When I first got married, my wife and I did a lot of premarital counseling. We wanted to make sure our marriage would work. We didn’t want to be another statistic.
Everyone who was married told us that there would be two things that you will dominate in your fights: money and sex.
I though okay, great. Good to know. Except, I didn’t want to fight. I wanted to know how we could just avoid fighting about money. Most premarital counselors and “marriage experts” taught us how to fight, but not how to avoid fighting.
This is interesting. Why do so many people spend their time teaching married couples, and those in long-term relationships, the proper way to fight — don’t raise your voice, respect each other, etc.
We should start teaching couples how to avoid fighting. When couples do the work required to make a marriage successful, they don’t need to know how to fight.
I had to learn all of this through trail and error. My wife and I fought about money. But through the experience I learned there are four types of couples when it comes to money.
Here are the four types of couples. While you read it, try to find the one that fits your marriage. Understanding this can go a long way in helping you correct financial problems in your marriage.
Couple #1: The Perfect Couple
Consider yourself lucky if you fall under this category. You likely don’t fight about money at all — either because you have a lot of money or you are really good at budgeting.
If you fall under this category, you are a rare minority. They have somehow naturally solved the money problem that exists in many marriages. Most money problems occur when couples do not have enough money for all of the things they want to do.
The perfect couple has enough money for the things they care about. I am not going to spend too much time talking about this couple, since they are pretty good when it comes to money. For most of us, we will fall under one of the next three types of couples.
Couple #2: The Apathetic Couple
My wife and I were this type of couple. We both didn’t really care about money. We spend to stay within our budget, but we also don’t like to track every penny. We can only do this because we make enough now. But when we got married I had to keep a budget.
My budget was so complex. It took me about an hour every single week to record all of our purchases and income. Then I would have to decide what we can spend for the next week. I spent hours every month doing the budget, while my wife took no part in the planning.
I resented it because I didn’t really want to be doing it. I just knew it needed to get done. It made me feel like she didn’t care about the money. We had a lot of “discussion” about how she needs to be more involved.
After about two years, I built an automatic financial system. It paid my bills automatically, kept track of my budget, and recorded my income. I used the budgeting program called Learnvest.
Life, and marriage, became a lot more simple.
If you, or your spouse, doesn’t care about money, then start building automatic systems. Decrease the time and effort it takes to keep track of your money. It is difficult to make people care about money. Most people never will.
Couple #3 : The Aggravators
I hear a lot of stories about spouses who overspend. Their partner blows way past the budget — if they even have one. They buy and often find themselves in massive debt. If I had a nickle for all of the stories I have heard about a spouse who blows a bunch of money on junk, but then can’t pay the mortgage bill, well I would have a nice bank account.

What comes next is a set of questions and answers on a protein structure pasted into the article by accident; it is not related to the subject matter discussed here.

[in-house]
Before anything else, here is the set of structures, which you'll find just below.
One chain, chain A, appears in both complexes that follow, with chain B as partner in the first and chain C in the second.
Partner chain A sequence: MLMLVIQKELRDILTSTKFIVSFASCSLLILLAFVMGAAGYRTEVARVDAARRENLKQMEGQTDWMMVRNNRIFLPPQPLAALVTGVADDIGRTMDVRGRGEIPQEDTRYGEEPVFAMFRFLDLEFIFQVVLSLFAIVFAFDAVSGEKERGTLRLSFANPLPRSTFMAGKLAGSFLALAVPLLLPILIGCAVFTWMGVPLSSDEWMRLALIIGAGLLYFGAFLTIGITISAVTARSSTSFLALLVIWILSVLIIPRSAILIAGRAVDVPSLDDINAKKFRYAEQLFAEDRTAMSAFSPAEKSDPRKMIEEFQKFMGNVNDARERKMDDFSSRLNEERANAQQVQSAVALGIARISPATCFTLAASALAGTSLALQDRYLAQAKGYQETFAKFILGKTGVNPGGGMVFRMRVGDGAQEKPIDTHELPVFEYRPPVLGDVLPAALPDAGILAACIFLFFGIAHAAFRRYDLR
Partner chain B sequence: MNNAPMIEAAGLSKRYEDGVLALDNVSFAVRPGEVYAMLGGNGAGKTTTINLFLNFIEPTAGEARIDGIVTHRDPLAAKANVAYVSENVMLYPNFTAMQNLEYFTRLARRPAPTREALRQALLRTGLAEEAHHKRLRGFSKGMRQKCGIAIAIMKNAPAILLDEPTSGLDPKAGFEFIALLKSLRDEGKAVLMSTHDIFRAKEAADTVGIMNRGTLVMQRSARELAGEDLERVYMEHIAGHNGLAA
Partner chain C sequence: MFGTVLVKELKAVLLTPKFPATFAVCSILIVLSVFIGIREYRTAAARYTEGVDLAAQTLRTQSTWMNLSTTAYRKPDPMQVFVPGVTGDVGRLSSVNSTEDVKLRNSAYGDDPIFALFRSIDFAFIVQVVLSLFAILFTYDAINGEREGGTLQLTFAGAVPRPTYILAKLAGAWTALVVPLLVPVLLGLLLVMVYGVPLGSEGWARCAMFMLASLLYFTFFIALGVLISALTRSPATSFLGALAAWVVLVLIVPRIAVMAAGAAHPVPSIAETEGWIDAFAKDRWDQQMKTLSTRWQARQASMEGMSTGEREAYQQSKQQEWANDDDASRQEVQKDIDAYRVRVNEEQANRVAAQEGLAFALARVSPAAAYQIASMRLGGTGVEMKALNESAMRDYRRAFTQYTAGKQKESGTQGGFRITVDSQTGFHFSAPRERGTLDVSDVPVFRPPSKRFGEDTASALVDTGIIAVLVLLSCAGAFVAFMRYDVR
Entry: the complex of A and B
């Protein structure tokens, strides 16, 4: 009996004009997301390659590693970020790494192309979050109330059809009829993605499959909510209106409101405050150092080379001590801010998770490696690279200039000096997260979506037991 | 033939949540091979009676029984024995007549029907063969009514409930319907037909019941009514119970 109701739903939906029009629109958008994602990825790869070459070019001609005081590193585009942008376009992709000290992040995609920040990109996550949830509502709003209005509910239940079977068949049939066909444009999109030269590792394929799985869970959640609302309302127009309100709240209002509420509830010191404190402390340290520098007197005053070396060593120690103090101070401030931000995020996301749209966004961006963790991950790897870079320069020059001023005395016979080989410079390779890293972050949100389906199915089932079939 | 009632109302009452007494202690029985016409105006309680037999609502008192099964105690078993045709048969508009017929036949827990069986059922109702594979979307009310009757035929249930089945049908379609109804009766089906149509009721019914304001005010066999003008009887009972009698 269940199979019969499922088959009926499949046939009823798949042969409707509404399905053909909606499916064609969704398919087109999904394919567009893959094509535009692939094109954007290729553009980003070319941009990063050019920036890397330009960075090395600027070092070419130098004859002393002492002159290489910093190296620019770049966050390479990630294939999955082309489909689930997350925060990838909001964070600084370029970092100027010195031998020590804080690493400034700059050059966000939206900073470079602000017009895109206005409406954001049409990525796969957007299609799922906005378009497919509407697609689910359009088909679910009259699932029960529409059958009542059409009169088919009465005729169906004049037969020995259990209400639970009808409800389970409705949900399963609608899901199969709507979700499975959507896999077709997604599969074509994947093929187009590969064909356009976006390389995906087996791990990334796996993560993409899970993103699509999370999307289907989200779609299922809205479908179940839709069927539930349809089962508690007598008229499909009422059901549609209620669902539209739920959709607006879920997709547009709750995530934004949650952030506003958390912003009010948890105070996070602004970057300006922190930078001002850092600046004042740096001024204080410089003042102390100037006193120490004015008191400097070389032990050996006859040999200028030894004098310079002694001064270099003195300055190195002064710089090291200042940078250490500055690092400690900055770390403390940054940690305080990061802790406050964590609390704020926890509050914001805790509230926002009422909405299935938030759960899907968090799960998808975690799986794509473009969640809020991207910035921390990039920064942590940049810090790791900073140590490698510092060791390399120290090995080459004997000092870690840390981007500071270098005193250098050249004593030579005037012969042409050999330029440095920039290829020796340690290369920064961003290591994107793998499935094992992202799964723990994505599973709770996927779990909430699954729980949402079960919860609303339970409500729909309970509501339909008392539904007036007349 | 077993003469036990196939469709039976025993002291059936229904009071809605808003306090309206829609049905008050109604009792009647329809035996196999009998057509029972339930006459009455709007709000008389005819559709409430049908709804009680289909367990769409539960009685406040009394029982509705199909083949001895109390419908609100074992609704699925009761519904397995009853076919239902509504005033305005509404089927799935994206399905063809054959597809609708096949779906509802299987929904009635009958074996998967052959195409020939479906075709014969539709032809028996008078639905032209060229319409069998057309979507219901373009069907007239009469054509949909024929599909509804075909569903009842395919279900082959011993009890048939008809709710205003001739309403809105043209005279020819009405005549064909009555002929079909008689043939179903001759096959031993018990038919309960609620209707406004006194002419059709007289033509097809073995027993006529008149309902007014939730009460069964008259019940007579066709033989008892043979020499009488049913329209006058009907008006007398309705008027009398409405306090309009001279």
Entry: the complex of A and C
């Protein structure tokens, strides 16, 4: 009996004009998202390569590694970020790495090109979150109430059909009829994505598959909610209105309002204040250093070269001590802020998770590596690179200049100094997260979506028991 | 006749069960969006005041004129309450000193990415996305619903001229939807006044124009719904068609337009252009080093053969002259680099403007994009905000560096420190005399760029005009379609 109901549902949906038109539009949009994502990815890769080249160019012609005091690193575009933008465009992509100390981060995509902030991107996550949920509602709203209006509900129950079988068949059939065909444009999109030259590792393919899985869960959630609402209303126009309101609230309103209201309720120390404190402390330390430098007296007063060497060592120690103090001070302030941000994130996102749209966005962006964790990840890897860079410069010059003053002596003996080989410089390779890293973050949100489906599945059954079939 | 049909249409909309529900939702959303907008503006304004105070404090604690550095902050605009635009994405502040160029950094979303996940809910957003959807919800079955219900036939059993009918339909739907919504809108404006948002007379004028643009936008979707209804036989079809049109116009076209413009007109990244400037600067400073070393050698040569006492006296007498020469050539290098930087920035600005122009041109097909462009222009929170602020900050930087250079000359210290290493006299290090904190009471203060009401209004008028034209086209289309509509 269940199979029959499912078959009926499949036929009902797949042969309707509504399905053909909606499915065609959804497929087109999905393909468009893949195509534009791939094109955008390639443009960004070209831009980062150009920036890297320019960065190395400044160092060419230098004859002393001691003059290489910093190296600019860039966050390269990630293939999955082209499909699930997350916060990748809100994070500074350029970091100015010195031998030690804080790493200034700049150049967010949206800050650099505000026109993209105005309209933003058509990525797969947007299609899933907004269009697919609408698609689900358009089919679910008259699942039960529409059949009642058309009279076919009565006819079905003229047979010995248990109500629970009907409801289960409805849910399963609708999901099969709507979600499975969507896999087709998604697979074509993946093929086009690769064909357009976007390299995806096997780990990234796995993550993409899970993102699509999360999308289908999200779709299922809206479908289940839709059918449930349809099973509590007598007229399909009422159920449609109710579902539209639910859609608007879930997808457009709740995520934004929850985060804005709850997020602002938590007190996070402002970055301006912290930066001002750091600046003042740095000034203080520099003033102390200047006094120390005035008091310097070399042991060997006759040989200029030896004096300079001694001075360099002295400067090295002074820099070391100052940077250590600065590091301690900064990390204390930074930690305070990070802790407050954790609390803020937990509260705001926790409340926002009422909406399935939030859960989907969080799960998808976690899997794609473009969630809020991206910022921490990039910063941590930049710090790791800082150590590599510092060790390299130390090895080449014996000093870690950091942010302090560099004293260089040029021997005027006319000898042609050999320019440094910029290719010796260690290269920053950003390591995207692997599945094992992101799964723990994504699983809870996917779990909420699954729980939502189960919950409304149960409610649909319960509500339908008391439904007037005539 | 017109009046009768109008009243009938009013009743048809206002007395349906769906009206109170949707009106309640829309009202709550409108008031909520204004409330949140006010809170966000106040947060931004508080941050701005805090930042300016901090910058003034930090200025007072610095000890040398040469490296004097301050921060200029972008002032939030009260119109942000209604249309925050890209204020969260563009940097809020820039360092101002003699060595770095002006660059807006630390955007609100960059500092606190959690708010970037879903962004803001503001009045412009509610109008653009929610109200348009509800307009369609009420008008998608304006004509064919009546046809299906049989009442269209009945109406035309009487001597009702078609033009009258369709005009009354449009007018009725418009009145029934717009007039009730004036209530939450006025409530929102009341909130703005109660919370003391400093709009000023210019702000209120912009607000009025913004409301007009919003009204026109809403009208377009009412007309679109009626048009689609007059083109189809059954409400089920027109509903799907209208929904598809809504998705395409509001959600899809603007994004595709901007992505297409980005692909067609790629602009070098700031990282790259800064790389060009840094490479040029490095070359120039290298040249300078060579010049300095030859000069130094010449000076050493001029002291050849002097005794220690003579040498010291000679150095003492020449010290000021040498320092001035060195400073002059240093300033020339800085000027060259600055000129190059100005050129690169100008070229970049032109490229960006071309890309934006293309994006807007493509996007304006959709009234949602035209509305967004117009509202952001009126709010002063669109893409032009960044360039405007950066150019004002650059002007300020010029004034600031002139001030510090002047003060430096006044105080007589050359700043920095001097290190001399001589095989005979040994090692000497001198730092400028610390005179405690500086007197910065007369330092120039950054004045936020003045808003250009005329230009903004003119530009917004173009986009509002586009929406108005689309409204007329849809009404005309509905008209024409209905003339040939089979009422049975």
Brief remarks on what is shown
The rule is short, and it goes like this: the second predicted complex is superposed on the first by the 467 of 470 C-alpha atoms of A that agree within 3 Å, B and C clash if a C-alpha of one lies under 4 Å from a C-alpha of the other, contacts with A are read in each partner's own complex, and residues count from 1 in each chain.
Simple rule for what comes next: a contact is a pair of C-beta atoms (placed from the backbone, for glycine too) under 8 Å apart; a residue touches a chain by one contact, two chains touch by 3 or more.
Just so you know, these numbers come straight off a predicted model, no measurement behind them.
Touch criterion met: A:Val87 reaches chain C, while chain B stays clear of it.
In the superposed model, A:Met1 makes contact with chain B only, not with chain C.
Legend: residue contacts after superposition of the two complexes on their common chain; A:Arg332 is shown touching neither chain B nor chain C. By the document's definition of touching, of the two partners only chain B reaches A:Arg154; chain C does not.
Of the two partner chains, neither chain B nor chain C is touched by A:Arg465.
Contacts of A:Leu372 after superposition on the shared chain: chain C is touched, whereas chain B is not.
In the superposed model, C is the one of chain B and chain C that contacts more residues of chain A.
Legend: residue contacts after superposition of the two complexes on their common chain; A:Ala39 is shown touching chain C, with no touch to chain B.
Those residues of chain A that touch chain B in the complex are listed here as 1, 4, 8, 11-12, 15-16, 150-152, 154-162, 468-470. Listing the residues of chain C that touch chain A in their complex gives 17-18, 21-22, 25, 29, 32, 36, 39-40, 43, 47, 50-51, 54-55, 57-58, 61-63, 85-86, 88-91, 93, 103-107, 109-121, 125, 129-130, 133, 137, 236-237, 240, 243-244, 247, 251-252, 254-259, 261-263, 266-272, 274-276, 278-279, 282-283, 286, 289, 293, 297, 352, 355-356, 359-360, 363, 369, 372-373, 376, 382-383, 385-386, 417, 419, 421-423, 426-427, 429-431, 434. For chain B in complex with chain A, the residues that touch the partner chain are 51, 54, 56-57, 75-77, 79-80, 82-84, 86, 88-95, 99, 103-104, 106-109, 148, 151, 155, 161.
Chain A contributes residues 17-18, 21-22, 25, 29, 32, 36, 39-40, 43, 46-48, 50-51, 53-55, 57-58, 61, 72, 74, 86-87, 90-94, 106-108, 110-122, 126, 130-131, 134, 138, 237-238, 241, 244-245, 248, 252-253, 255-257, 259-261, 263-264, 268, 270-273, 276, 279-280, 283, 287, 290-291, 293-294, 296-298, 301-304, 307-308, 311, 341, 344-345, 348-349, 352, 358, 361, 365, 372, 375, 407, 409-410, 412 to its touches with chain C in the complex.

There are various reasons why you, or your spouse, might overspend. A majority of them are related to how you view money. A vast majority of money problems come from addictions such as drugs, porn, alcohol, etc. To stop overspending, it is important to do an addiction check.
Is there anything in your life that is taking all of your money, but isn’t really returning any value on your life?
The other reason you might be overspending is because you are accustomed to a certain lifestyle. You want to be perceived in a certain way. Seeking status is normal. It has helped us survive all of these years, but it doesn’t have a place in our modern society.
If your fall under this couple, then you want to work through your money mindsets. Ask yourself questions like this:
- Why do I buy item X? What am I trying to get out of it?
- How does money make me feel? Good, bad, guilty, etc.?
Couple #4 The Allowancers
This one of the hardest situations in a marriage. It causes a lot of strife – a lot. For whatever reason, if you are this couple, you like to keep your finance separate.
You give your spouse a weekly allowance. Typically, the husband gives the wife a weekly allowance. She has to buy everything needed on a tiny amount of money, while the husband spends on himself and gives himself financial freedom.
The spouse who controls all of the money has control issues. This is not a situation couples can fix overnight. This will take hard work and the controlling spouse has to be willing to work it out. If you find yourself in this situation, I would recommend seeking professional help.
People who have control issues have deep issues from their childhood. If professional help doesn’t work, then the only solution is for you to start earning more money. Stay-at-home-moms can start a side-business or do something to get some extra cash.
If you are lucky to not fight about money in your marriage, then you are pretty rare. Most people fall into one of the three other categories.
Do not worry though. Rather than teaching you how to fight and communicate about money, I think it can be prevented by controlling the triggers. It comes down to two simple things: Simplifying your finances and earning more money.
What couple best fits your marriage?